[luhk-shuh-ree, luhg-zhuh-]
See more synonyms for luxury on
noun, plural lux·u·ries.
  1. a material object, service, etc., conducive to sumptuous living, usually a delicacy, elegance, or refinement of living rather than a necessity: Gold cufflinks were a luxury not allowed for in his budget.
  2. free or habitual indulgence in or enjoyment of comforts and pleasures in addition to those necessary for a reasonable standard of well-being: a life of luxury on the French Riviera.
  3. a means of ministering to such indulgence or enjoyment: This travel plan gives you the luxury of choosing which countries you can visit.
  4. a pleasure out of the ordinary allowed to oneself: the luxury of an extra piece of the cake.
  5. a foolish or worthless form of self-indulgence: the luxury of self-pity.
  6. Archaic. lust; lasciviousness; lechery.
  1. of, relating to, or affording luxury: a luxury hotel.

Origin of luxury

1300–50; Middle English luxurie < Latin luxuria rankness, luxuriance, equivalent to luxur- (combining form of luxus extravagance) + -ia -y3
Related formssem·i·lux·u·ry, noun, plural sem·i·lux·u··per·lux·u·ry, noun, adjective Unabridged Based on the Random House Unabridged Dictionary, © Random House, Inc. 2018

Examples from the Web for luxuries

Contemporary Examples of luxuries

Historical Examples of luxuries

  • They can affect the manners and enjoy the luxuries of people of distinction.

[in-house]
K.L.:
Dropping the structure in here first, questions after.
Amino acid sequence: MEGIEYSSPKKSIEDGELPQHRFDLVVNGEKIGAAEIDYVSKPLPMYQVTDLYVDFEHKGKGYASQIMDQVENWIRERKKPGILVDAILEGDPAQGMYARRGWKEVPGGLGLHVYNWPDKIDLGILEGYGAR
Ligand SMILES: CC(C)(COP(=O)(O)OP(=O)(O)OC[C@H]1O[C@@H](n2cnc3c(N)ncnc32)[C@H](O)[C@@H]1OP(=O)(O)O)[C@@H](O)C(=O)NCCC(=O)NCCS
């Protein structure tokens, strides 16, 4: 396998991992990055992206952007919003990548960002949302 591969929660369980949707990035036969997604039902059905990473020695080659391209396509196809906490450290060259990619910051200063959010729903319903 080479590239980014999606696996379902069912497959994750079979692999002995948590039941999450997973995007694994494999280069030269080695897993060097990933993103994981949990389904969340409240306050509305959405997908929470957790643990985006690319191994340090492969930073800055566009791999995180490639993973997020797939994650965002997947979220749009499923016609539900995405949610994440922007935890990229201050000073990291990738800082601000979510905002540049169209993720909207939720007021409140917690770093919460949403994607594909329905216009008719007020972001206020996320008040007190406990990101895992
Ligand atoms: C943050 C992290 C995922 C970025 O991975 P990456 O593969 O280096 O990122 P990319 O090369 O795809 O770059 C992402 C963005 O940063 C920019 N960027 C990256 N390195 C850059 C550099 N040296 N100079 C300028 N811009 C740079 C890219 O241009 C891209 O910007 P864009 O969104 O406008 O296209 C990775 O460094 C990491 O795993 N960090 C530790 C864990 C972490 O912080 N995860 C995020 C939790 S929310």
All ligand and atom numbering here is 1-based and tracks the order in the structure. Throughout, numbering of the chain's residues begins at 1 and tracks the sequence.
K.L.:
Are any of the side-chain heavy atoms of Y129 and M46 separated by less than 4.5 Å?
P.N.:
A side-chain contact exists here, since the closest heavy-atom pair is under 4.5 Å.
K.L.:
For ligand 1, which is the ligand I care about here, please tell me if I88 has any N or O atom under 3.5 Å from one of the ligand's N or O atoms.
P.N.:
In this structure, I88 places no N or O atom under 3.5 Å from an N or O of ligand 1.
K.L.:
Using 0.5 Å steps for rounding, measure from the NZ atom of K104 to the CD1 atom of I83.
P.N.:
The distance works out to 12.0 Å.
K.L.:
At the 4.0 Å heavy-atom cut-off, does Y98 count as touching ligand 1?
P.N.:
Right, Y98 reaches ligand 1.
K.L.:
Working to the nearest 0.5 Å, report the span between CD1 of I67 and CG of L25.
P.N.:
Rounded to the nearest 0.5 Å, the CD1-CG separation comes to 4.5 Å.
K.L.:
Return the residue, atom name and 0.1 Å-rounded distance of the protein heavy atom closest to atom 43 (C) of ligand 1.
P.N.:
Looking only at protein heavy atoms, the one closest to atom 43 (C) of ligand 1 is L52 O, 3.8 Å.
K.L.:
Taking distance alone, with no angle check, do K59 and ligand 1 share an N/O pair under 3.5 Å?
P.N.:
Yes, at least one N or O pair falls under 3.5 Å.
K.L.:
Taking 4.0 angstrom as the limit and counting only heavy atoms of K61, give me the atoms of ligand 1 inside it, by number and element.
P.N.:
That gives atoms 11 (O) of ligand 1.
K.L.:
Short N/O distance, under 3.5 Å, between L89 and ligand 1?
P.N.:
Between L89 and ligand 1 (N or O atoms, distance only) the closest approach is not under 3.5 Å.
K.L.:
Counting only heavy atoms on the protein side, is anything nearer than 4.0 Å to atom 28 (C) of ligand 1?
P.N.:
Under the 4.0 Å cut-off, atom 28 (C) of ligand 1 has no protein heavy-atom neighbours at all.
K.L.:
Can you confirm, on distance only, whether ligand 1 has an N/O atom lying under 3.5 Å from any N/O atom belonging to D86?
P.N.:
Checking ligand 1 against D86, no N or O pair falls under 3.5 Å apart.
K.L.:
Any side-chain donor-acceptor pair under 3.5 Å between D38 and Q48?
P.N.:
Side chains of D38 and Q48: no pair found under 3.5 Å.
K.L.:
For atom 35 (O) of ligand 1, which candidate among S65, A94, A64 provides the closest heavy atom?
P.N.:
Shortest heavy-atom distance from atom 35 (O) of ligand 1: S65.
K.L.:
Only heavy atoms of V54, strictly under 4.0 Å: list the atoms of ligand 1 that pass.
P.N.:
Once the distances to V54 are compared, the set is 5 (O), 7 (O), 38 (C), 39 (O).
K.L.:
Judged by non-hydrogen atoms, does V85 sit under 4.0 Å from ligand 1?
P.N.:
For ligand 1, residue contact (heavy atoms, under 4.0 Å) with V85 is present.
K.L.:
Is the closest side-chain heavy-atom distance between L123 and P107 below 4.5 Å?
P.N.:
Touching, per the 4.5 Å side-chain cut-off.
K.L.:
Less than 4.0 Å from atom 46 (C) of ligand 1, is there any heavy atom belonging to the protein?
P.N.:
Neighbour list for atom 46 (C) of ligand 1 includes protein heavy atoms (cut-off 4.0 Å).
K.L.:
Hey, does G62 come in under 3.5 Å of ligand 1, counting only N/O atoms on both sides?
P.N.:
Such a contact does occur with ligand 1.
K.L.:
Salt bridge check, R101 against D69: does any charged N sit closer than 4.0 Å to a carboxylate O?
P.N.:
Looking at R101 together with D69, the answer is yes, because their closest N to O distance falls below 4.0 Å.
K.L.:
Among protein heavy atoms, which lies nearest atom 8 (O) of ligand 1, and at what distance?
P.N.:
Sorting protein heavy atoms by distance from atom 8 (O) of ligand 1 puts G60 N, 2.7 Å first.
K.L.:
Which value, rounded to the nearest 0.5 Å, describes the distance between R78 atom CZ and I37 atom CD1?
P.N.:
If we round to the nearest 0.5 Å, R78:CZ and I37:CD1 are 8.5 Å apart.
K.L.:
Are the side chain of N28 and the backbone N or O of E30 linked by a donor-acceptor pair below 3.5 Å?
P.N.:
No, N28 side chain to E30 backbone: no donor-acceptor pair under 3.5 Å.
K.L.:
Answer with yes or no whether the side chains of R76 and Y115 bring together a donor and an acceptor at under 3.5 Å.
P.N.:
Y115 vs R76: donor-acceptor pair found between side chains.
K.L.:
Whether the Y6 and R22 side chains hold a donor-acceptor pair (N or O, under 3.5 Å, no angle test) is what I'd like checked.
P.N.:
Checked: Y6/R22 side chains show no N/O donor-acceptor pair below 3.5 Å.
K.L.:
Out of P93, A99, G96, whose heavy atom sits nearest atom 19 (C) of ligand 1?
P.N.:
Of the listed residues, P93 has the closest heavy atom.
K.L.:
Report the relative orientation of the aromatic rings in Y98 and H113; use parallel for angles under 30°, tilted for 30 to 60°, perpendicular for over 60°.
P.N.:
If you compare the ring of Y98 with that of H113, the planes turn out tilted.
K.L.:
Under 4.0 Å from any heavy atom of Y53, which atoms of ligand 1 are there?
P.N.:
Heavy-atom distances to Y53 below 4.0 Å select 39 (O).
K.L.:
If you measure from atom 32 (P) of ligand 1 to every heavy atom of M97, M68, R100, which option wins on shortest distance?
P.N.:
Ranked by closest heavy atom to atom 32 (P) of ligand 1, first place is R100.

• I liked to peep into the cabins they had—get on to all the luxuries there.

    The Harbor

    Ernest Poole

  • Still the comforts, and even the luxuries of life distinguished our habitation.

  • What our ancestors considered as luxuries we now regard as necessities.

  • God and Solitude are luxuries which only a few among us nowadays can afford.

    The Book of Khalid

    Ameen Rihani

British Dictionary definitions for luxuries


noun plural -ries
  1. indulgence in and enjoyment of rich, comfortable, and sumptuous living
  2. (sometimes plural) something that is considered an indulgence rather than a necessity
  3. something pleasant and satisfyingthe luxury of independence
  4. (modifier) relating to, indicating, or supplying luxurya luxury liner

Word Origin for luxury

C14 (in the sense: lechery): via Old French from Latin luxuria excess, from luxus extravagance
Collins English Dictionary - Complete & Unabridged 2012 Digital Edition © William Collins Sons & Co. Ltd. 1979, 1986 © HarperCollins Publishers 1998, 2000, 2003, 2005, 2006, 2007, 2009, 2012

Word Origin and History for luxuries



c.1300, "sexual intercourse;" mid-14c., "lasciviousness, sinful self-indulgence," from Old French luxurie "debauchery, dissoluteness, lust" (Modern French luxure), from Latin luxuria "excess, luxury, extravagance, profusion; delicacy" (cf. Spanish lujuria, Italian lussuria), from luxus "excess, extravagance, magnificence," probably a figurative use of luxus (adj.) "dislocated," which is related to luctari "wrestle, strain" (see reluctance).

Meaning "sensual pleasure" is late 14c. Lost its pejorative taint 17c. Meaning "habit of indulgence in what is choice or costly" is from 1630s; that of "sumptuous surroundings" is from 1704; that of "something enjoyable or comfortable beyond life's necessities" is from 1780. Used as an adjective from 1916.

Online Etymology Dictionary, © 2010 Douglas Harper

Idioms and Phrases with luxuries


see lap of luxury.

The American Heritage® Idioms Dictionary Copyright © 2002, 2001, 1995 by Houghton Mifflin Harcourt Publishing Company. Published by Houghton Mifflin Harcourt Publishing Company.